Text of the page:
Commencement speeches are supposed to be uplifting but for many, one at the University of Saint Thomas was a real downer.
“I thought it was pretty offensive,” commented graduate Marie Lynch.
”I thought it was extremely disrespectful,” graduate Jonathan Maurer added.
Both Lynch and Maurer rose from their seats in their caps and gowns and turned their backs to speaker Benjamin Kessler. The 21-year-old former football star and Academic All-American spoke briefly as the elected “Tommie of the Year”, burning a lot of his fellow graduates ears in the process. His theme was selfishness, as he perceived it in his own class.
“We must stop making selfish choices," Kessler spoke above the wind as unrest grew in the rows of mortar boards. “I would point to the common practice of birth control.”
Many graduates and spectators booed. Some called Kessler names including “crazy” and some obscene.
”Partly through, when he started talking about birth control and everything,” Graduate Hannah Hoes recalled, “I got up and left because it wasn't how I wanted to remember St. Thomas as my last memory.”
Hoes was not alone in leaving. Several used their feet in protest when Kessler stepped into the ongoing controversy over the University allowing unmarried staff members to room together on trips.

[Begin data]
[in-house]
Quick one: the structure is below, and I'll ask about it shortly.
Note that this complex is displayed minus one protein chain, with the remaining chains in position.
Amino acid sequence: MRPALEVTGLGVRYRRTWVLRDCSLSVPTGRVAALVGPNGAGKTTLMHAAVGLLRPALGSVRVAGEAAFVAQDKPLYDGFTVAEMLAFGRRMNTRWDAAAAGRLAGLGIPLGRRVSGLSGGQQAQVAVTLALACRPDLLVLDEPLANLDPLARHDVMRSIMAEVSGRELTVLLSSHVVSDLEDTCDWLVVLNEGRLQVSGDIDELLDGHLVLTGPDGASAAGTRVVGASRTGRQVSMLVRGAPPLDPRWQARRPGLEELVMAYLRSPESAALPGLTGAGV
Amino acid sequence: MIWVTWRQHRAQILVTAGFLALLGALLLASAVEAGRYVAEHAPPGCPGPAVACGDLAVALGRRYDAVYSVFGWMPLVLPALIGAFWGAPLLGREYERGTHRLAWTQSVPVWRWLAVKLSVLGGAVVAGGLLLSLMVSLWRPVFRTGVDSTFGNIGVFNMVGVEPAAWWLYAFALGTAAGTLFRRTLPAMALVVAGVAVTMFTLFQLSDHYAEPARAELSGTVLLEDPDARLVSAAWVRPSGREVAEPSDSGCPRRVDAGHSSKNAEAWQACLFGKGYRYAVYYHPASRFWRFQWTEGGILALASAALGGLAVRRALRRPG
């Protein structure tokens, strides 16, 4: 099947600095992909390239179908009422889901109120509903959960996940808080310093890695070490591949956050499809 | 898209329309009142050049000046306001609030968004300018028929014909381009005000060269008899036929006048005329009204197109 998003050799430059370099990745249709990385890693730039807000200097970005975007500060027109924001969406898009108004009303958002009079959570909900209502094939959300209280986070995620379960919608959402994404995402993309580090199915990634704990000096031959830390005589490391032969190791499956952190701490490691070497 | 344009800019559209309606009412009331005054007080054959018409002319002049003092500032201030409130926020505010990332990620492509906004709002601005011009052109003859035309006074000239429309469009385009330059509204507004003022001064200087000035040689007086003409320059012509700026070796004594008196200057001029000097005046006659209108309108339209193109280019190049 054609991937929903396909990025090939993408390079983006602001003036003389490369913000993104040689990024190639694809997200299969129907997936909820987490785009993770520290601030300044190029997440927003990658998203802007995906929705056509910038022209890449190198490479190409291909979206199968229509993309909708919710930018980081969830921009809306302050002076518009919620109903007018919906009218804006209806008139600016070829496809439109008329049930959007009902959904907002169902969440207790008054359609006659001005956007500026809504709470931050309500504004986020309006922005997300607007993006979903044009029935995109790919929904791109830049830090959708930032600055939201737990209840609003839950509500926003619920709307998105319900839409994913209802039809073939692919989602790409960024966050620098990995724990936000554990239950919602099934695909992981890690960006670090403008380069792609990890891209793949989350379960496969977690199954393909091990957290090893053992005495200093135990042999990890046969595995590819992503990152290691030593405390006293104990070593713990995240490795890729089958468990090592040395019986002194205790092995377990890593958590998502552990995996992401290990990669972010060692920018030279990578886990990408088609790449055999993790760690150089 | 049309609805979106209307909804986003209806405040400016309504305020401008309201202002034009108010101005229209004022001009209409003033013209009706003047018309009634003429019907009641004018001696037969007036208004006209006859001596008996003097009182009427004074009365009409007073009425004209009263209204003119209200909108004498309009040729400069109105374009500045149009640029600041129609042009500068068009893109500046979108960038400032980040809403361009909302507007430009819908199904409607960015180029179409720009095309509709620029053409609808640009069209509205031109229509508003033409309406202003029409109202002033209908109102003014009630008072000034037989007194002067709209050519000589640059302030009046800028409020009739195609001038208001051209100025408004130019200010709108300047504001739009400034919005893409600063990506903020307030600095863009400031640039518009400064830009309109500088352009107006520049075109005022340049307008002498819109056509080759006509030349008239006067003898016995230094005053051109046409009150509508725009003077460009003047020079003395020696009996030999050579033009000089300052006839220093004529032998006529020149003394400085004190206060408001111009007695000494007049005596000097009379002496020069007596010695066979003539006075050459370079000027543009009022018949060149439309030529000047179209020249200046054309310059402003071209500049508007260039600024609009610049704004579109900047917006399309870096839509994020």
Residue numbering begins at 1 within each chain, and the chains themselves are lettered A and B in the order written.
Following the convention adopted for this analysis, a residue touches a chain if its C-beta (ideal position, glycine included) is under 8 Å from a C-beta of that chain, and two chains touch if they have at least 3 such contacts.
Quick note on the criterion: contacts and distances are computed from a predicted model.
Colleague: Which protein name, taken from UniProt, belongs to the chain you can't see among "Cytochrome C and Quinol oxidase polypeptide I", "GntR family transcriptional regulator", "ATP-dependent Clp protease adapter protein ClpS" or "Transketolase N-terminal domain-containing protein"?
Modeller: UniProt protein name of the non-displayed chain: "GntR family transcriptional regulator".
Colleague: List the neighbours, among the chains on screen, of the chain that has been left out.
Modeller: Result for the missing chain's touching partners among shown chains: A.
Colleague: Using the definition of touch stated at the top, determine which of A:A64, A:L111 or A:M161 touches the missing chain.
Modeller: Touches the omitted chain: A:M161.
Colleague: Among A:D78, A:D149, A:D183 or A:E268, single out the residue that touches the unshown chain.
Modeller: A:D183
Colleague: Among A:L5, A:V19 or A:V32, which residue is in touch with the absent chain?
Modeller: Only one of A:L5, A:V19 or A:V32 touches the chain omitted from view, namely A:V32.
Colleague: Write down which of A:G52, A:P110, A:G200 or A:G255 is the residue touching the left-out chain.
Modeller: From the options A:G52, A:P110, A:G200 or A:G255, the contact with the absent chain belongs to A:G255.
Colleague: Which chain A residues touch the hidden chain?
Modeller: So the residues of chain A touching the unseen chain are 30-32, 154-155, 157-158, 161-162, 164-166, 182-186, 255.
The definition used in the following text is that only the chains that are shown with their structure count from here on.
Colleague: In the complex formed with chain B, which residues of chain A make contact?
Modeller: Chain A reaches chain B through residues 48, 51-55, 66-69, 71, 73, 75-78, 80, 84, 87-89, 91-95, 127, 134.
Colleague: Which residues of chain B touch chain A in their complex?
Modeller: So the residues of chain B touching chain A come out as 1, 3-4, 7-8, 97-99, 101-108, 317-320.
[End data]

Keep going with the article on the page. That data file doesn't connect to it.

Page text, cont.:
”Is traveling and staying with an unmarried partner,” Kessler asked, “best for students, faculty, staff and the rest of the St. Thomas community? No. It's selfish.”
Maurer took offense to the remarks in general. “He was supposedly representing our school and representing our class and representing me and I didn't appreciate the way that I was represented in that situation.”
Lynch agreed with Maurer. ”And finally when he compared these kinds of views to Jesus and Mother Teresa and even Gandhi was inappropriate.”
University President Fr. Dennis Dease issued a statement regretting the impact of Kessler’s remarks and including an apology from Kessler himself reading in part, “Instead of providing hope to all, I offended some by my words and by my decision to speak those words at commencement. I sincerely apologize to each person I offended.”
Tuesday, University Vice President Doug Hennes said not everyone at graduation was upset, "I spoke with a lot of parents and students in the last two days and many of them agree personally with the opinions he was expressing but they didn't feel that was the appropriate setting.”
By Allen Costantini, KARE 11 News
(Copyright 2006 by KARE. All Rights Reserved.)